Assessing hepatoprotective effects of antioxidants on amiodarone-induced cytotoxicity in human hepatoma HepaRG cell line

Filimonova KS, Rogovskaya NYu, Beltyukov PP, Babakov VN
About authors

Research Institute of Hygiene, Occupational Pathology and Human Ecology of the Federal Medical Biological Agency, Leningrad Region, Russia

Correspondence should be addressed: Vladimir Nikolaevich Babakov
Kapitolovo, 93, p/o Kuzmolovsky, Leningradskaja oblast, 188663; ur.hcepg@vokabab

Received: 2021-07-20 Accepted: 2021-08-11 Published online: 2021-09-23

The symptoms of drug-induced liver injury constitute about 10% of adverse reactions, caused by medications, and are considered the main reason for clinical trial termination or for withdrawal of medications already used in therapy. Drugs of various pharmacological classes possess hepatotoxic effects: antibiotics (amoxicillin/clavulanate), analgesics (acetaminophen), antiepileptic drugs (valproate), etc. [1].

Drug dosage reduction or permanent discontinuation of the drug allows for prevention of irreversible liver damage. However, in some cases it is necessary to continue using hepatotoxic drug in parallel with the use of hepatoprotective drugs. The efficiency of hepatoprotective drugs used in clinical practice results from the presence of components, having various mechanisms of  action. There remains a need for developing new pharmaceutical products to protect the liver against the possible toxic effects, since hepatoprotective drugs are not always able to minimize the adverse effects of xenobiotics, and the use of specific antidotes is limited to the use of N-acetylcysteine in paracetamol overdose [2]. Developing the efficient methods for the drug-induced liver injury treatment requires studying the toxin-induced hepatic cell damage mechanisms, and selecting the potential hepatoprotective agents and specific antidotes.

Amiodarone, being the anti-arrhythmic agent, is characterized by the frequent side effects, manifested by the symptoms of drug-induced liver injury. Amiodarone is one of the most frequently prescribed anti-arrhythmic medication due to high efficiency and broad spectrum of action [3].

In 10–15% of cases, administration of amiodarone is compounded by side effects in the form of elevated serum transaminase levels, phospholipidosis and steatohepatitis. The long-term use of amiodarone may result in acute liver failure, which is sometimes fatal [4].

Liver injury, resulting from administration of amiodarone, is due to cytotoxic effects of the medication. It is known that amiodarone and its metabolites (mostly mono- and diN-desethylamiodarone) inhibit the electron transport chain function and uncouple oxidative phosphorylation, which should be complemented by the reactive oxygen species accumulation and the development of oxidative stress [5, 6]. Oxidative stress is indicated by the elevated lipid peroxidation marker levels after exposure to amiodarone [7]. Furthermore, amiodarone is able to inhibit phospholipase A and β-oxidation of long-chain fatty acids, which promotes lipid accumulation in hepatic cells [8, 9]. There is also a decline in the intracellular ATP levels and calcium ions; endoplasmic reticulum is damaged [10].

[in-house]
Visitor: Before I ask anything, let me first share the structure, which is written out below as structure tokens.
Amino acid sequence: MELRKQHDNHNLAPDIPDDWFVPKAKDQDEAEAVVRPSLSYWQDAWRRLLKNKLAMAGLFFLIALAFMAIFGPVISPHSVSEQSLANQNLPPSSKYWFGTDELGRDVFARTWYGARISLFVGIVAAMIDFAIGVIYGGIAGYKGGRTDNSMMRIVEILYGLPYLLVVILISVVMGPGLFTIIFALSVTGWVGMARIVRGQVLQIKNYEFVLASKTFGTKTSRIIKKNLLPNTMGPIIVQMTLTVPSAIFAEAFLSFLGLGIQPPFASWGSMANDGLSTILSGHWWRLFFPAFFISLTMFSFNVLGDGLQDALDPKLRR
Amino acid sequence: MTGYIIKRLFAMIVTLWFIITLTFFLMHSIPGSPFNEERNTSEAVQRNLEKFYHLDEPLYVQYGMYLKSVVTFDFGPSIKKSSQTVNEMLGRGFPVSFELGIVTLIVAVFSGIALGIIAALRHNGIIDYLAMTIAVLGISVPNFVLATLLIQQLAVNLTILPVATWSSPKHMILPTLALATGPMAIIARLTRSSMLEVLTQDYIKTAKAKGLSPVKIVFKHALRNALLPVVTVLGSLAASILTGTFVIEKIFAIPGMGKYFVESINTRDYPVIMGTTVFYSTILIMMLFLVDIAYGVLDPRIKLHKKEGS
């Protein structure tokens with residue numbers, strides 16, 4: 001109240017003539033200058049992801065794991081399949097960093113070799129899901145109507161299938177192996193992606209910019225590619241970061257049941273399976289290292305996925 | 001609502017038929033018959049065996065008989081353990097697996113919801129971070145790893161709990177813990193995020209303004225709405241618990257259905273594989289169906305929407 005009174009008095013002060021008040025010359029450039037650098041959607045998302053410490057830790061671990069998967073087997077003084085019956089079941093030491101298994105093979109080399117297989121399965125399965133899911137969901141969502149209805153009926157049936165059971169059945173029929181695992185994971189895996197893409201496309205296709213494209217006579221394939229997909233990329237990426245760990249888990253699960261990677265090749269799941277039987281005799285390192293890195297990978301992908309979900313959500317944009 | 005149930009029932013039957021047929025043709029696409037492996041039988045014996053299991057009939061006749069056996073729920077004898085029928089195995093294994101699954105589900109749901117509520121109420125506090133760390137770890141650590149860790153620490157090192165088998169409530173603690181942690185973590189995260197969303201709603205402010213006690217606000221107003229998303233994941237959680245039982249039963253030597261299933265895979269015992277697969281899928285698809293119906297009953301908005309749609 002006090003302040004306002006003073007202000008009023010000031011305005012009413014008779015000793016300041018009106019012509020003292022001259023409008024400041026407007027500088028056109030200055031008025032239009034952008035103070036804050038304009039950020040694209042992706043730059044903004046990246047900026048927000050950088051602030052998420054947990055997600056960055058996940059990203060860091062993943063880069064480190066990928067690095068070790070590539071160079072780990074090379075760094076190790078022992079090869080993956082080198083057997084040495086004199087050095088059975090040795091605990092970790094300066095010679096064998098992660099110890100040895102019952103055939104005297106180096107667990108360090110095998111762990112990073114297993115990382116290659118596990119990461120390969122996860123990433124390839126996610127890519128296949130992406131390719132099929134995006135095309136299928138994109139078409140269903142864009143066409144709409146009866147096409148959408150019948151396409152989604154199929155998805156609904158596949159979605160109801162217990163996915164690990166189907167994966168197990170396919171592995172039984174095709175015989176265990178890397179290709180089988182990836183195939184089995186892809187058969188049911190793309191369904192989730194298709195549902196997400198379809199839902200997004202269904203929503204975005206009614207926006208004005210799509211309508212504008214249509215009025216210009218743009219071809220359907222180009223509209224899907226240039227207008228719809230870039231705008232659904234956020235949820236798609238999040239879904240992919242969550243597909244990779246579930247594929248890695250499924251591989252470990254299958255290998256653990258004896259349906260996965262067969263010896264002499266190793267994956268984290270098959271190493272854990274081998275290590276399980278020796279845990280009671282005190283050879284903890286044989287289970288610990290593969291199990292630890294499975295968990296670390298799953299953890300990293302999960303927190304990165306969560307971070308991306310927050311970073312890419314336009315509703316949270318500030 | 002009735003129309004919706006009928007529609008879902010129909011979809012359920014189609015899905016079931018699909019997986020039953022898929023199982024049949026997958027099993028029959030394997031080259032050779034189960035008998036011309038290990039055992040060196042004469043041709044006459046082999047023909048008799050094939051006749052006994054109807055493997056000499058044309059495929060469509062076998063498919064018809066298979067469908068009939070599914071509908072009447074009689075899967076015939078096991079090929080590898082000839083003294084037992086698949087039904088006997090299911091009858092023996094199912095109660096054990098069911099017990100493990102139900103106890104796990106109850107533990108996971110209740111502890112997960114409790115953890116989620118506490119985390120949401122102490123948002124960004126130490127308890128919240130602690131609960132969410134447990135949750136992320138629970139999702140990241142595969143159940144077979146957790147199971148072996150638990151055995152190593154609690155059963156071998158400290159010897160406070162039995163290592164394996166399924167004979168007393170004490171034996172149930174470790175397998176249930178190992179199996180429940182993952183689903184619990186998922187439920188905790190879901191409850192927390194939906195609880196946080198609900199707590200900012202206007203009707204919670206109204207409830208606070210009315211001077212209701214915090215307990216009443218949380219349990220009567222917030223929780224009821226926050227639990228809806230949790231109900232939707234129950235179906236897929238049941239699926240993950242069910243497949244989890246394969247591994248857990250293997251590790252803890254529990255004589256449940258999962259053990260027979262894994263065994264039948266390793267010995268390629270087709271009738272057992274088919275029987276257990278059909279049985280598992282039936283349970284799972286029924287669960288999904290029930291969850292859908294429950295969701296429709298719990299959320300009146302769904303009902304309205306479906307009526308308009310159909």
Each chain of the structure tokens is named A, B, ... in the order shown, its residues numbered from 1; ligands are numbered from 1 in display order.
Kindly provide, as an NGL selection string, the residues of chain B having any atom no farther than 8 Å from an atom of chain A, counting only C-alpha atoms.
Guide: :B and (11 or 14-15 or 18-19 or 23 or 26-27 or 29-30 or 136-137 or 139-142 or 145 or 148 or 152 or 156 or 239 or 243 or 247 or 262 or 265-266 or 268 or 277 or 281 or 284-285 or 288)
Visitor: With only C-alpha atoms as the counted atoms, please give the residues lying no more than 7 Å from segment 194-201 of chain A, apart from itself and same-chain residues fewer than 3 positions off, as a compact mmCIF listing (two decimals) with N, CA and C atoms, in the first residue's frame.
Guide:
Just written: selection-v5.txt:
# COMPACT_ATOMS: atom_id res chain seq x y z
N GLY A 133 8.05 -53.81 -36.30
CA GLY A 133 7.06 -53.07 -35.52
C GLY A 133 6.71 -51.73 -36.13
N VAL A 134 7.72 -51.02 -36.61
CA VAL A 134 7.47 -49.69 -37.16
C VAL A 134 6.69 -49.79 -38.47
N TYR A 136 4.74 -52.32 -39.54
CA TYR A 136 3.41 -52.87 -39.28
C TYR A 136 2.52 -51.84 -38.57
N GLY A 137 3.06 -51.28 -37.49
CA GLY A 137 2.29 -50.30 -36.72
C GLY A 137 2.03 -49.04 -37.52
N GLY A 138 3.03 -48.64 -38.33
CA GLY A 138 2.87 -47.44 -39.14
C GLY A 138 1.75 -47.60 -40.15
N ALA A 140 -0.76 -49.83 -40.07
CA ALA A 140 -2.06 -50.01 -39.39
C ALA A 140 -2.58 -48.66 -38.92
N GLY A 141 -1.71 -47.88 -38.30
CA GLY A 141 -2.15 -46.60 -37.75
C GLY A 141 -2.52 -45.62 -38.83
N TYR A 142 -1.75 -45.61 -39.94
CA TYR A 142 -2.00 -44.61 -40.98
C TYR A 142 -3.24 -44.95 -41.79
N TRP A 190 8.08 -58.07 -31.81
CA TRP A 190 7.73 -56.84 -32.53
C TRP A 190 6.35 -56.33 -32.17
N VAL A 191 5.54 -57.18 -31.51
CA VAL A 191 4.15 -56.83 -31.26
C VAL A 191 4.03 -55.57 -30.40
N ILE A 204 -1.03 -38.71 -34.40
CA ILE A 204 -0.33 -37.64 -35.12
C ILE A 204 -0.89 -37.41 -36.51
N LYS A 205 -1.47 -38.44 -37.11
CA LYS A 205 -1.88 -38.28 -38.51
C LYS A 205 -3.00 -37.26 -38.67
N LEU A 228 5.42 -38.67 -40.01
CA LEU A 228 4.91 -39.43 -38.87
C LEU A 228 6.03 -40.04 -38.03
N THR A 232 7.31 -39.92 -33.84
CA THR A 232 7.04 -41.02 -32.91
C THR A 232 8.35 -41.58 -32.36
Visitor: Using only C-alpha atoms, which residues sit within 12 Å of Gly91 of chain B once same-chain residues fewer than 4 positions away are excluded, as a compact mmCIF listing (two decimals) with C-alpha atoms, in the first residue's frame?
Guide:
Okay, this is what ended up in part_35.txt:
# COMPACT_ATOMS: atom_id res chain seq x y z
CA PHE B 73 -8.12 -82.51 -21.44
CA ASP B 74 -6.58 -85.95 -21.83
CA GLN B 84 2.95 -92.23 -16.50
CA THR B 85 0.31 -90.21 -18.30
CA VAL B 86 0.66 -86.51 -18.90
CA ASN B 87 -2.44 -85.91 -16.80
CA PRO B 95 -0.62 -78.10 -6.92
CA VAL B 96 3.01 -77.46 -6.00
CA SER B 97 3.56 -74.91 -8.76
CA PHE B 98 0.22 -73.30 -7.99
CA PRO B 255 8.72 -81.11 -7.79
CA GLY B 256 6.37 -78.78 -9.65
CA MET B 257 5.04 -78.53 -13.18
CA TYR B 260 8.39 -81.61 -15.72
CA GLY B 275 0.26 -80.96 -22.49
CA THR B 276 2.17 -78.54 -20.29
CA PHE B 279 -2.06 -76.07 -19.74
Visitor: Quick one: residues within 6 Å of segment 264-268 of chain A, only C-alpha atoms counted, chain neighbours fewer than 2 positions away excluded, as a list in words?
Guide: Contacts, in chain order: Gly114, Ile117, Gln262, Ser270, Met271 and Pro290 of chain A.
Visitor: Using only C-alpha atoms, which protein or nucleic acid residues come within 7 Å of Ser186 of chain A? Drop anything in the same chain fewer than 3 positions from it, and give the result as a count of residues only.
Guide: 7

Earlier, the study involving the L929 mouse fibroblast cell line showed that the use of antioxidant agents, vitamin C and N-acetylcysteine, contributed to reduced amiodarone cytotoxicity [11]. We have studied the ability of nonspecific hepatoprotective compounds, possessing antioxidant activity (vitamin Е and the sulfur-containing N-acetylcysteine and S-adenosylmethionine), to affect cytotoxic properties of amiodarone.

Vitamin Е has long been known as a cytoprotective agent and recommended for therapy of inflammatory and degenerative liver diseases, such as non-alcoholic fatty liver disease and steatohepatitis [12]. N-acetyl-L-cysteine (NAC) is the effective antidote to treat paracetamol overdose. NAC is also proposed to be used in management of non-paracetamol drug-induced liver injury [13]. S-adenosyl-L-methionine (SAM) is the main donor of methyl groups in the body, it also plays an important role in the xenobiotic metabolism in the liver. Therefore, SAM is also viewed as a hepatoprotective agent for various liver diseases. However, in clinical practice, hepatoprotective effects of SAM has not been supported by randomized placebocontrolled trials [14].